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ON FAITH & MEDIA View Comments

Night Watch (Nochnoi Dozor)

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Source: Catholic News Service

Visually splashy but violent adaptation of book one of Russian author Sergei Lukyanenko's best-selling fantasy trilogy set in modern Moscow, about a young man (Konstantin Khabensky) drawn into a battle between the forces of light and darkness, whose uneasy millennial truce is threatened by a prophesied child (Dima Martynov) who, in choosing sides, will tip the balance of power forever and usher in the apocalypse. Director Timur Bekmambetov's supernatural smorgasbord incorporates familiar themes of good versus evil, but the surprising pro-life sentiment implicit in several scenes is undercut by the overall gory mayhem and convoluted plot. Much strong but stylized bloody violence, a bathing scene involving brief top female nudity, sorcery and assorted supernatural elements, as well as scattered rough and crude language. The USCCB Office for Film & Broadcasting classification is L -- limited adult audience, films whose problematic content many adults would find troubling. The Motion Picture Association of America rating is R -- restricted. Under 17 requires accompanying parent or adult guardian.



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First Martyrs of the Church of Rome: There were Christians in Rome within a dozen or so years after the death of Jesus, though they were not the converts of the “Apostle of the Gentiles” (Romans 15:20). Paul had not yet visited them at the time he wrote his great letter in 57-58 A.D..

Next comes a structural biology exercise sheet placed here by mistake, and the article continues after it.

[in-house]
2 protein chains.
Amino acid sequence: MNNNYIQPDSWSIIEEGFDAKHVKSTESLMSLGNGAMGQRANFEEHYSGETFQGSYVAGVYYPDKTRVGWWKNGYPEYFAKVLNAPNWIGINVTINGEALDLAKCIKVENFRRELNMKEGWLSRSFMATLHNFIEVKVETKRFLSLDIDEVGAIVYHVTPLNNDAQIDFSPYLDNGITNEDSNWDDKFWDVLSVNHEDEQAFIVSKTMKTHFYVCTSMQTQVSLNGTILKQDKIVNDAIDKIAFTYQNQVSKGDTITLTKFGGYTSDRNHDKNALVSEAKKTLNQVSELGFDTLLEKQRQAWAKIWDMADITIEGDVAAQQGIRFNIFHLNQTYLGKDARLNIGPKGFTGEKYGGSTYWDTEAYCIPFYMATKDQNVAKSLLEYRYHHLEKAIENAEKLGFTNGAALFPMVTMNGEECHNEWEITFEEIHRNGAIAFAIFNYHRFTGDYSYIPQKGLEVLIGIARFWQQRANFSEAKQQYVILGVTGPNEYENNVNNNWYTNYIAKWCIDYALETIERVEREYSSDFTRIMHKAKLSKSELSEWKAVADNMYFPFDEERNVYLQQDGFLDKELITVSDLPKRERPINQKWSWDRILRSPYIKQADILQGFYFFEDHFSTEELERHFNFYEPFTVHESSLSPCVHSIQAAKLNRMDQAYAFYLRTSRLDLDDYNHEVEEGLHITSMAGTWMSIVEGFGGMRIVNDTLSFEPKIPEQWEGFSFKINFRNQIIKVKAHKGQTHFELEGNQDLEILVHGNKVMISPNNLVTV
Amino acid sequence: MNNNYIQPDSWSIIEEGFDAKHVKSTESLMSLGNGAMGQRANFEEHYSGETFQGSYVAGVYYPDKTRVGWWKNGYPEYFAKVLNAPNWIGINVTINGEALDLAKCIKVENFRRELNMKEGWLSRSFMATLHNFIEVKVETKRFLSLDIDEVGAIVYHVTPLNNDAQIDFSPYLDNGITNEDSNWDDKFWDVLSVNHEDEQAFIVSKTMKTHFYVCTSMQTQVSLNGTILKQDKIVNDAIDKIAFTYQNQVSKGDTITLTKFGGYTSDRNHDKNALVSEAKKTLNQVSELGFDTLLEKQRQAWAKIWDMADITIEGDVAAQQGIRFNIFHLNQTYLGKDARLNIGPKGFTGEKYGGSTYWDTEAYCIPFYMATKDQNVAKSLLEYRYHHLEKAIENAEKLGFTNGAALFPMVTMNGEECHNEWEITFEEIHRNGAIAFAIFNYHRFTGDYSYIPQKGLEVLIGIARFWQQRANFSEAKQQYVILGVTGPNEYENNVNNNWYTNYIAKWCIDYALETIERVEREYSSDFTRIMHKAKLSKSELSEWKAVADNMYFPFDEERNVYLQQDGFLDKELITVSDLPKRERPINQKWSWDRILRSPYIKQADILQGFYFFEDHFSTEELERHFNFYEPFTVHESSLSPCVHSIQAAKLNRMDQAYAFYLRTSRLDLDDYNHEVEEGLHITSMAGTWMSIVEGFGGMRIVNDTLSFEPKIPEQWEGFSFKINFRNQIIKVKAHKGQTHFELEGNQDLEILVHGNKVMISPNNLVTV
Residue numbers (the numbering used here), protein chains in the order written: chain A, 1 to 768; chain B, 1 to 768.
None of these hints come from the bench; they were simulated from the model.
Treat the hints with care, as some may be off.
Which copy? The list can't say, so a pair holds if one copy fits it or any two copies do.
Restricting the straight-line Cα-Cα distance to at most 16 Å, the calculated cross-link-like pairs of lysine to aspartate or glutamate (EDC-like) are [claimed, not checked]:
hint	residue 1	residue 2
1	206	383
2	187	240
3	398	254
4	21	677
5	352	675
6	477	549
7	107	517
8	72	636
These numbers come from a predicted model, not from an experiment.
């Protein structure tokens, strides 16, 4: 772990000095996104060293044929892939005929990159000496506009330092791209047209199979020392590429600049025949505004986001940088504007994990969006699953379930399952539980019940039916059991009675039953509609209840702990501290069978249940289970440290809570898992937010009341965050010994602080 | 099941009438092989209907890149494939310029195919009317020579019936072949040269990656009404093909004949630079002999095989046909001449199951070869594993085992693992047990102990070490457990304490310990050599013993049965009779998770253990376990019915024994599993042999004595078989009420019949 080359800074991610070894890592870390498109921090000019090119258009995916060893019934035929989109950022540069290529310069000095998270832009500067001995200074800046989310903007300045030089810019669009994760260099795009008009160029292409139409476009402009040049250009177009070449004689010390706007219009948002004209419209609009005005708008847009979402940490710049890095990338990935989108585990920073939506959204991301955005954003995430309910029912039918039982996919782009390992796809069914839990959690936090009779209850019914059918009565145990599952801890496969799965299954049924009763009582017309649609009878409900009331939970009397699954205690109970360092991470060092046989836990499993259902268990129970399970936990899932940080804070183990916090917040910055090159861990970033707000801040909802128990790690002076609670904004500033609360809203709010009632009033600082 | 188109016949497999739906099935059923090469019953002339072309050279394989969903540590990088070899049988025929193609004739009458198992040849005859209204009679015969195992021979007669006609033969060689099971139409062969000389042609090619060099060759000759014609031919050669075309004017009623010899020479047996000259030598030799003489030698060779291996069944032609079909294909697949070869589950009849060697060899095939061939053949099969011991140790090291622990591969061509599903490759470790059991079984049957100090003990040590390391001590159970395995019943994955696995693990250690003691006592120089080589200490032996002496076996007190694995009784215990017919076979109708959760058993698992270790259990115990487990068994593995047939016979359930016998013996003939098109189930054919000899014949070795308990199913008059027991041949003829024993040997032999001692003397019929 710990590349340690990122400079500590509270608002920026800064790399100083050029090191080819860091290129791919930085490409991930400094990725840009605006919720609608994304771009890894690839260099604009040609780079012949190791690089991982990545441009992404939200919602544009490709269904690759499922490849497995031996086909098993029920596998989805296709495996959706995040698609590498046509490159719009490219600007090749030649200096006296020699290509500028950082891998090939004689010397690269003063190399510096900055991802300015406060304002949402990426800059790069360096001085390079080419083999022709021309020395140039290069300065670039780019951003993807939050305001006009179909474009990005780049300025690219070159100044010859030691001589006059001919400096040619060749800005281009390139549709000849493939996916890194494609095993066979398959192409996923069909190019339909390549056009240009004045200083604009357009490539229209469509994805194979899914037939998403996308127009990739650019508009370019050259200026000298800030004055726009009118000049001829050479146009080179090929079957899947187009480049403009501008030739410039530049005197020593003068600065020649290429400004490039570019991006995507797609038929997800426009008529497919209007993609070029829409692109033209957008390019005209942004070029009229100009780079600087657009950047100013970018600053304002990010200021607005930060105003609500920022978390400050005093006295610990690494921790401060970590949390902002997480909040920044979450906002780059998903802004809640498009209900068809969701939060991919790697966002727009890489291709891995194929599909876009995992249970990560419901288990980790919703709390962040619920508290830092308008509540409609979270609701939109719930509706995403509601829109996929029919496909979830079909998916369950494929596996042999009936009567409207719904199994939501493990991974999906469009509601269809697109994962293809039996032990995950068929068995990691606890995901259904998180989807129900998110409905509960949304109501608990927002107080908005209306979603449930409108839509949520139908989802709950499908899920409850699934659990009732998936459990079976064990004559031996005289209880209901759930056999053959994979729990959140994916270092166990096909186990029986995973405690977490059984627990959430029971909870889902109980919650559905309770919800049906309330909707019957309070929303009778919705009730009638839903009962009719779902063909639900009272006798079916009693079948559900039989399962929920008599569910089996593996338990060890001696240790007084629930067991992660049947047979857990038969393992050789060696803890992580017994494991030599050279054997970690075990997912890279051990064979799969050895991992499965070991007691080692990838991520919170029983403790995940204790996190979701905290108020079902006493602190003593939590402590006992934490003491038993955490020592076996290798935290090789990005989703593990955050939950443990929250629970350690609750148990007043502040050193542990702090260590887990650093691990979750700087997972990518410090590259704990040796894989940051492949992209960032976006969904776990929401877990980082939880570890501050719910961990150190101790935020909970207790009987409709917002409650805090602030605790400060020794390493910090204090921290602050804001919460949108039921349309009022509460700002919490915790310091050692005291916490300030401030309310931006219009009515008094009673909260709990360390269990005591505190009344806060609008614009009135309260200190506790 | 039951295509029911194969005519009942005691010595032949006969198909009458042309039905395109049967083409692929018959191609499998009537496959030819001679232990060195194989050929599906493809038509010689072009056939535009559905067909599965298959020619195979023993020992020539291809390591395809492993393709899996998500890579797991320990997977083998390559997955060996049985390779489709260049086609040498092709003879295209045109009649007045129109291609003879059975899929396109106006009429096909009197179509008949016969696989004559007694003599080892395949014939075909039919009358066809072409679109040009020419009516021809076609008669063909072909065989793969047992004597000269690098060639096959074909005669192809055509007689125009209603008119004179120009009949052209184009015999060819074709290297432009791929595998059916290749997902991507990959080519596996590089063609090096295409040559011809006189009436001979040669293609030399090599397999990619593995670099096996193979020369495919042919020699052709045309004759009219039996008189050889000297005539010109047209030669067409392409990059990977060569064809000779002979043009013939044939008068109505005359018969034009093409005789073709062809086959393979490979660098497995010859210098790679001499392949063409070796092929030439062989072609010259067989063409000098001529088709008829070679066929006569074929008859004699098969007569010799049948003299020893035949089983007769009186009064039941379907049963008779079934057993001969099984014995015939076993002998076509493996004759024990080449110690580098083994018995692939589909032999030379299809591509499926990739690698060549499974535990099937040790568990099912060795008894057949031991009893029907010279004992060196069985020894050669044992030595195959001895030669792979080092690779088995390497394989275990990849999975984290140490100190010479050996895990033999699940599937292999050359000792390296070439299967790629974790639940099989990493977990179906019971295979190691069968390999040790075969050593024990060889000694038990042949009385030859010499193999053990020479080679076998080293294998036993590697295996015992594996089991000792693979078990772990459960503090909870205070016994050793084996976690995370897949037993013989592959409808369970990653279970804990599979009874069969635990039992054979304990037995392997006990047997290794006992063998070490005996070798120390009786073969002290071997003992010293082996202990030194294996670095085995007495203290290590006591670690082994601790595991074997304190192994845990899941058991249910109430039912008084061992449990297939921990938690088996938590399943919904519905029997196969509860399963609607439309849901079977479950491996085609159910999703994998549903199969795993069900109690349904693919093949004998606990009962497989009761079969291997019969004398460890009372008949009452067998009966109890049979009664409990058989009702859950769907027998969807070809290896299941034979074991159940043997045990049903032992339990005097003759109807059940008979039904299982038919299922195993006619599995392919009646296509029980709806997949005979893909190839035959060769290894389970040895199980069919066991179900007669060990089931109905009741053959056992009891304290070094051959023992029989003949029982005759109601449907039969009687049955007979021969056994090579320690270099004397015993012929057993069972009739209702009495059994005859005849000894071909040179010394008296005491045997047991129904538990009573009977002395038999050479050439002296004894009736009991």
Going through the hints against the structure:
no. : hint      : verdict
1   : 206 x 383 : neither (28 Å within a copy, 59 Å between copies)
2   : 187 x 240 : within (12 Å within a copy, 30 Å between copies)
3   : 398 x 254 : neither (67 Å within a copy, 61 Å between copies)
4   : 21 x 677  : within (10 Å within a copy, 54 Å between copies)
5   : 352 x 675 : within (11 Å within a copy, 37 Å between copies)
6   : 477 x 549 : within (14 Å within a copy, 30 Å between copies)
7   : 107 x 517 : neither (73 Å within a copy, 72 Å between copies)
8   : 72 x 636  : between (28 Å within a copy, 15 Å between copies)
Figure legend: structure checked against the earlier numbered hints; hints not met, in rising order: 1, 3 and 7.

<p>There was a large Jewish population in Rome. Probably as a result of controversy between Jews and Jewish Christians, the Emperor Claudius expelled all Jews from Rome in 49-50 A.D. Suetonius the historian says that the expulsion was due to disturbances in the city “caused by the certain Chrestus” [Christ]. Perhaps many came back after Claudius’s death in 54 A.D. Paul’s letter was addressed to a Church with members from Jewish and Gentile backgrounds. </p><p>In July of 64 A.D., more than half of Rome was destroyed by fire. Rumor blamed the tragedy on Nero, who wanted to enlarge his palace. He shifted the blame by accusing the Christians. According to the historian Tacitus, many Christians were put to death because of their “hatred of the human race.” Peter and Paul were probably among the victims. </p><p>Threatened by an army revolt and condemned to death by the senate, Nero committed suicide in 68 A.D. at the age of 31.</p> American Catholic Blog People are not perfect. But God does not only call upon great saints to reveal his love for the world. He also calls the broken and desperate. We are all called to act as God’s light in this darkening world.

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